Cutting & Re-planting

Cutting & Re-planting

Play Description

In the world of gardening, a “cutting” is a branch that has been cut off of a plant so that it can be replanted to grow an entirely new plant.

In agile transformation terms, “Cutting & Re-planting” is very similar. An existing branch of an organization, such as a team, department or division, is separated from the main organization. Then, the new branch is trained and coached in agile so that agile can take root. Once the re-planted organization demonstrates a high level of agility, functions and staff from the existing organization are gradually transferred to the “re-planted” group, until all functions of the organization are now agile.

It’s important to note that “Cutting & Re-planting” does not advocate terminating individuals — unless these individuals have made their own decision to leave. Instead, they are re-planted into the new organization, where agile is unencumbered by the old organization’s structure and rules.

Use When…

The “Cutting & Re-planting” play has a number of strengths in an organization where skeptics of agile exist at all levels, such as:

  • Leadership Demands Proof. In some cases, it is not enough to cite other organizations that have been successful with agile to persuade leadership to pursue an agile transformation. Leadership some times demands proof that agile will succeed in their organization before they’ll adopt agile across the enterprise.
  • Existing Leadership oppose change. “Cutting & Re-planting” also works well when existing department or division leadership oppose change. Rather than try to persuade these skeptics permit agile in their departments, it is easier to select a department with a leader who favors agile so their department can be cut and re-planted to form the new organization.


Play Authors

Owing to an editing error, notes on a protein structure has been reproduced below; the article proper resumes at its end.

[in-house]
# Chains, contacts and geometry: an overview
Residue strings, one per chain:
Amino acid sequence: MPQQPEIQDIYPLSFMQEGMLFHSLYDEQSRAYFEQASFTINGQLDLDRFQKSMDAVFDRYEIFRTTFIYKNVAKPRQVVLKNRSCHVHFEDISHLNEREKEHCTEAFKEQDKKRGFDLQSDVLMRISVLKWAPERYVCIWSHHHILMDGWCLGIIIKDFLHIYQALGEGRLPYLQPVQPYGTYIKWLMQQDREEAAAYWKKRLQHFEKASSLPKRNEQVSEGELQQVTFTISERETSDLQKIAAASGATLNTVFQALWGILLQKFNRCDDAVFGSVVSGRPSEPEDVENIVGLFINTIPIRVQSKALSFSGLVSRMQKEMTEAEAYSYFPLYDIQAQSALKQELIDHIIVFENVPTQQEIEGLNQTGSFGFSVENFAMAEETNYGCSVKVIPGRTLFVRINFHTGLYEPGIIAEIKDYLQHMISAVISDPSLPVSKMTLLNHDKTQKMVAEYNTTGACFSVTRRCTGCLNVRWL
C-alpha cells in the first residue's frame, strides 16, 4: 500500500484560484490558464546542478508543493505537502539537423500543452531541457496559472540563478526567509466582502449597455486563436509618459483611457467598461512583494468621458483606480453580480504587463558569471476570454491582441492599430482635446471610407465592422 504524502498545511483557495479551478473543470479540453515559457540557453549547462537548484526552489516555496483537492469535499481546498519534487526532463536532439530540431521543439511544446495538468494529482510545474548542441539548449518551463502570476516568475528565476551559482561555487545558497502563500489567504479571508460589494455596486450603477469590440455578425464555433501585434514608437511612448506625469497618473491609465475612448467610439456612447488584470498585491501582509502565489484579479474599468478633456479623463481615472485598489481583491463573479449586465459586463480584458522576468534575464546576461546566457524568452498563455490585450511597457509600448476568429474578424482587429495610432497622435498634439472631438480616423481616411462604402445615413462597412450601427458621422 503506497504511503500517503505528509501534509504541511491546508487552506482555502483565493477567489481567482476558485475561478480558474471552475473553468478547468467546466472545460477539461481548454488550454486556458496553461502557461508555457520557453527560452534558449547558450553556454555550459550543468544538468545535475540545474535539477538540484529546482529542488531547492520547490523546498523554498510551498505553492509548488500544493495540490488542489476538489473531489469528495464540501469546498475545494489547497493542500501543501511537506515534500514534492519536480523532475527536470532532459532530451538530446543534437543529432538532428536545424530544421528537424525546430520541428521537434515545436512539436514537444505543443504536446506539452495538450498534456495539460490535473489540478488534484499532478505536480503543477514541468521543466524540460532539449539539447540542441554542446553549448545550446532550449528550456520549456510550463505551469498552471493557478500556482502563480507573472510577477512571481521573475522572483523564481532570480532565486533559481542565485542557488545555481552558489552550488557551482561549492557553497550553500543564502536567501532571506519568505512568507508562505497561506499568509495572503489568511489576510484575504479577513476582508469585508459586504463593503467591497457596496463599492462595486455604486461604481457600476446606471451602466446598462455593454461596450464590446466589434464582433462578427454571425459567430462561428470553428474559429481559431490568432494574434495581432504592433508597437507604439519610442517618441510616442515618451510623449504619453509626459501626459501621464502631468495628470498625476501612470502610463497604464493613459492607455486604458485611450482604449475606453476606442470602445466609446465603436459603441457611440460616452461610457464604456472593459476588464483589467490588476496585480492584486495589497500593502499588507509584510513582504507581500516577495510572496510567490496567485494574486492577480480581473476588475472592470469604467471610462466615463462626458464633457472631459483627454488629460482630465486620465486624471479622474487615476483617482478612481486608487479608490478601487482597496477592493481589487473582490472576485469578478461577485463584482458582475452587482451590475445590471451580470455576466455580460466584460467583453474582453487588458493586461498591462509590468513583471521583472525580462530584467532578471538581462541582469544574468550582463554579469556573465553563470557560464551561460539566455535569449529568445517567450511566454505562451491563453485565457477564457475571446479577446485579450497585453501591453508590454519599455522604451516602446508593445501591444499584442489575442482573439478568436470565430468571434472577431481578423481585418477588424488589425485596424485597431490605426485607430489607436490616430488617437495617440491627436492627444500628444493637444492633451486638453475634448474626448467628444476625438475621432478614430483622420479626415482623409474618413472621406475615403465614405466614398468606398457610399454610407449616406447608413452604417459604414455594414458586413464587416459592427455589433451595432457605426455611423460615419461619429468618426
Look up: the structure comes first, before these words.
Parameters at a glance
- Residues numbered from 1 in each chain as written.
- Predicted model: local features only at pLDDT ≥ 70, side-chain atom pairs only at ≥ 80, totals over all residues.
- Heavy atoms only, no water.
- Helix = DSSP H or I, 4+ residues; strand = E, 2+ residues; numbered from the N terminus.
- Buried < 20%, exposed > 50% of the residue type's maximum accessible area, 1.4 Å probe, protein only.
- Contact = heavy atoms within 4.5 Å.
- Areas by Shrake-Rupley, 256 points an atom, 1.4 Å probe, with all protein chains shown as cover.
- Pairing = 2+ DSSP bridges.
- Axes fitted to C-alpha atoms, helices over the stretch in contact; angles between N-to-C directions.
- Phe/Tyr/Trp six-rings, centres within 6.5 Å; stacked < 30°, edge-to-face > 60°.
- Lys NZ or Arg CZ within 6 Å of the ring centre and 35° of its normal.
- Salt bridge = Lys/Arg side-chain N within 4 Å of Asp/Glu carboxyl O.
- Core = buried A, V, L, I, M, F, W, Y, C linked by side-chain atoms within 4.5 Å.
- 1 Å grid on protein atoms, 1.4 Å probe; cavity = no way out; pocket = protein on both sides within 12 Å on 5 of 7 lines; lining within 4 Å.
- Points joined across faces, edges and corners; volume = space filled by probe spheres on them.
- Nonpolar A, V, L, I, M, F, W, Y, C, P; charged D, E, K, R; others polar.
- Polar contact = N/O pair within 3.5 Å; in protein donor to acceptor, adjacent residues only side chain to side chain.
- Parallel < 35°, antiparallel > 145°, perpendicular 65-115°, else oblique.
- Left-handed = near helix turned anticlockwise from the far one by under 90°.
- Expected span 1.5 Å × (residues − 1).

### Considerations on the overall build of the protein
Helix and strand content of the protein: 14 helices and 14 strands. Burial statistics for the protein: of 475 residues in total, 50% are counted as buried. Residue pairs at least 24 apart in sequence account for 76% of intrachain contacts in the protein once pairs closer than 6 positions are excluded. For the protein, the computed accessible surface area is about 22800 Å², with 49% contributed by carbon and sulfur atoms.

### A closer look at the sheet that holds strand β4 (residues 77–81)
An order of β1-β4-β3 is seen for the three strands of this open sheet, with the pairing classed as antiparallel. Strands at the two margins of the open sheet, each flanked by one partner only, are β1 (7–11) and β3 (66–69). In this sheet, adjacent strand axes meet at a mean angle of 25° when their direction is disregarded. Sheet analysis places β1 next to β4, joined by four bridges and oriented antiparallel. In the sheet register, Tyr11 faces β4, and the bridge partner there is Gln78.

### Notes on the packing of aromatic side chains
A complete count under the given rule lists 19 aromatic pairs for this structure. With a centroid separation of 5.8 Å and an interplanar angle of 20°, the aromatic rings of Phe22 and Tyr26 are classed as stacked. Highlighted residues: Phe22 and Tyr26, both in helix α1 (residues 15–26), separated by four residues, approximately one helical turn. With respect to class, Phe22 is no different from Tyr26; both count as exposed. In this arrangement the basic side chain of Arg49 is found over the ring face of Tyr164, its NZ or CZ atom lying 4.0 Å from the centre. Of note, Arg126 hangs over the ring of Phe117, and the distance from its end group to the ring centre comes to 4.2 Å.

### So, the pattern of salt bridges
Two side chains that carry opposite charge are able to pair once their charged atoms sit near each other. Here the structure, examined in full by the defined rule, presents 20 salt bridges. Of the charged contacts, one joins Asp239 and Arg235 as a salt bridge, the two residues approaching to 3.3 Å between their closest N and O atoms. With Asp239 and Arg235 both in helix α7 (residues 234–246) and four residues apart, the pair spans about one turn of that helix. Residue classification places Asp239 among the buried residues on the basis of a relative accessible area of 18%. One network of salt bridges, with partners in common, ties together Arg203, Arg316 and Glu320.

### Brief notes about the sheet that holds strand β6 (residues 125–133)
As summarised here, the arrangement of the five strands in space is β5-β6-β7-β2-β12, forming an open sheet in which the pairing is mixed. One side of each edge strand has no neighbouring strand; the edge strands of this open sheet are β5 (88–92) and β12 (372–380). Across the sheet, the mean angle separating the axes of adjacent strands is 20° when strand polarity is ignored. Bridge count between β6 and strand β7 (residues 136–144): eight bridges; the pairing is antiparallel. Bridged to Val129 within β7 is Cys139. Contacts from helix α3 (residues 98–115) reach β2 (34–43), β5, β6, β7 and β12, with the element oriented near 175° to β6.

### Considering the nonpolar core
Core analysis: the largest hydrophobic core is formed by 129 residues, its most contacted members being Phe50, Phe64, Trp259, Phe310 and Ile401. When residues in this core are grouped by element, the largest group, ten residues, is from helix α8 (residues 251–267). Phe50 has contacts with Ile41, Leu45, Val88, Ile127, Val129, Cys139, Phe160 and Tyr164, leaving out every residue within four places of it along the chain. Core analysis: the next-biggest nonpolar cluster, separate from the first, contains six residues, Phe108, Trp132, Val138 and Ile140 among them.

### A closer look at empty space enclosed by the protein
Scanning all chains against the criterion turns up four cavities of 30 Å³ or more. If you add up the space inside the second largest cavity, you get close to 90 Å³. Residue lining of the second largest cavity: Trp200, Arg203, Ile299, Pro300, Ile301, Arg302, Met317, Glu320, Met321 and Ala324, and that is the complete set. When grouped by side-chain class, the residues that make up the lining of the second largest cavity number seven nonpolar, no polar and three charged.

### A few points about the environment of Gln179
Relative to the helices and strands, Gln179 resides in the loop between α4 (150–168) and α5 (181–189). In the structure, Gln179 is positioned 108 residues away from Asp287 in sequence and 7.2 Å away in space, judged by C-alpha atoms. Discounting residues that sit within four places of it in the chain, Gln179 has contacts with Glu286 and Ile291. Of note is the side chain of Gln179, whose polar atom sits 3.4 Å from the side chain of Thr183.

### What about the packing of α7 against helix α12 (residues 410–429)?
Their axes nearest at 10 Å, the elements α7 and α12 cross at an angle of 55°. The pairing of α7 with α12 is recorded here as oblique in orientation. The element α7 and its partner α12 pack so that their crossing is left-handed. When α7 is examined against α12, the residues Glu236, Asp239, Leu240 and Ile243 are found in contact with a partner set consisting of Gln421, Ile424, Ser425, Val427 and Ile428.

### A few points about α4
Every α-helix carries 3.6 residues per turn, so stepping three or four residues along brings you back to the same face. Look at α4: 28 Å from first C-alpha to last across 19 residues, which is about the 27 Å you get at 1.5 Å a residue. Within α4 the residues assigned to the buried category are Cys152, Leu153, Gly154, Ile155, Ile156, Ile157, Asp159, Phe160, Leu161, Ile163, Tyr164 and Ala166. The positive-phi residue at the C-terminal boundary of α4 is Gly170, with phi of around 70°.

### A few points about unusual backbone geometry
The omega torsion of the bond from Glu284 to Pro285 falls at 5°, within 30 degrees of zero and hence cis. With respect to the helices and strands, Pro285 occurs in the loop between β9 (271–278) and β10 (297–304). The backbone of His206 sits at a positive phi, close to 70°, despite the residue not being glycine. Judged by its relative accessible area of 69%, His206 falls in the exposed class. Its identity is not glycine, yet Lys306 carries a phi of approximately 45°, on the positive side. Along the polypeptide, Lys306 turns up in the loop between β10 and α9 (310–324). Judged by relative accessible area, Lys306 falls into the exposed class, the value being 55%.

• Donald Patti


Cutting and Re-planting works well for multiple reasons:

  • It limits outside influence. As long as the re-planted organization is truly separate — meaning it does not have to follow the rules and conform to the structure of the existing organization — outside influence to conform to existing rules will be successfully limited.
  • Pro-agile rules and policies possible. Because it is a separate entity, the re-planted department can create norms, rules and policies that make it possible for agile to flourish. In fact, the re-planted department needs to be able to establish a pro-agile environment in order to be successful.
  • Rest of organization can operate as-is. Because the re-planted department operates separately, the rest of the organization can operate as-is in the short run, preventing the need for massive change to occur all at once.
  • Focused effort. Because only one part of the organization is asked to change, the agile transformation effort can be focused on the re-planted department. Not only is this likely to increase the probability of success because there are fewer challenges to address at any given time, it is also likely to cost less than attempting a massive full-scale transformation all at once.


There are some notable disadvantages to calling the “Cutting & Re-planting” play, including:

  • Slow Transformation. A cutting and re-planting approach takes much longer than a full transplant because the re-planted department must transform to agile first, and only then can the rest of the organization be incrementally transformed.
  • Struggles to move beyond department. Though the re-planted department or division becomes more agile, it may still be difficult to continue the transformation beyond the department. Existing leadership may still resist change, even after agile has proven successful. Or, the re-planted department may have triggered enough positive impact that the case for an enterprise transformation is no longer compelling.
  • Often results in pockets of agility

Additional Notes

Stated simply, slice off a branch of people, change it & re-plant it, building an agile organization around the "re-planted" team.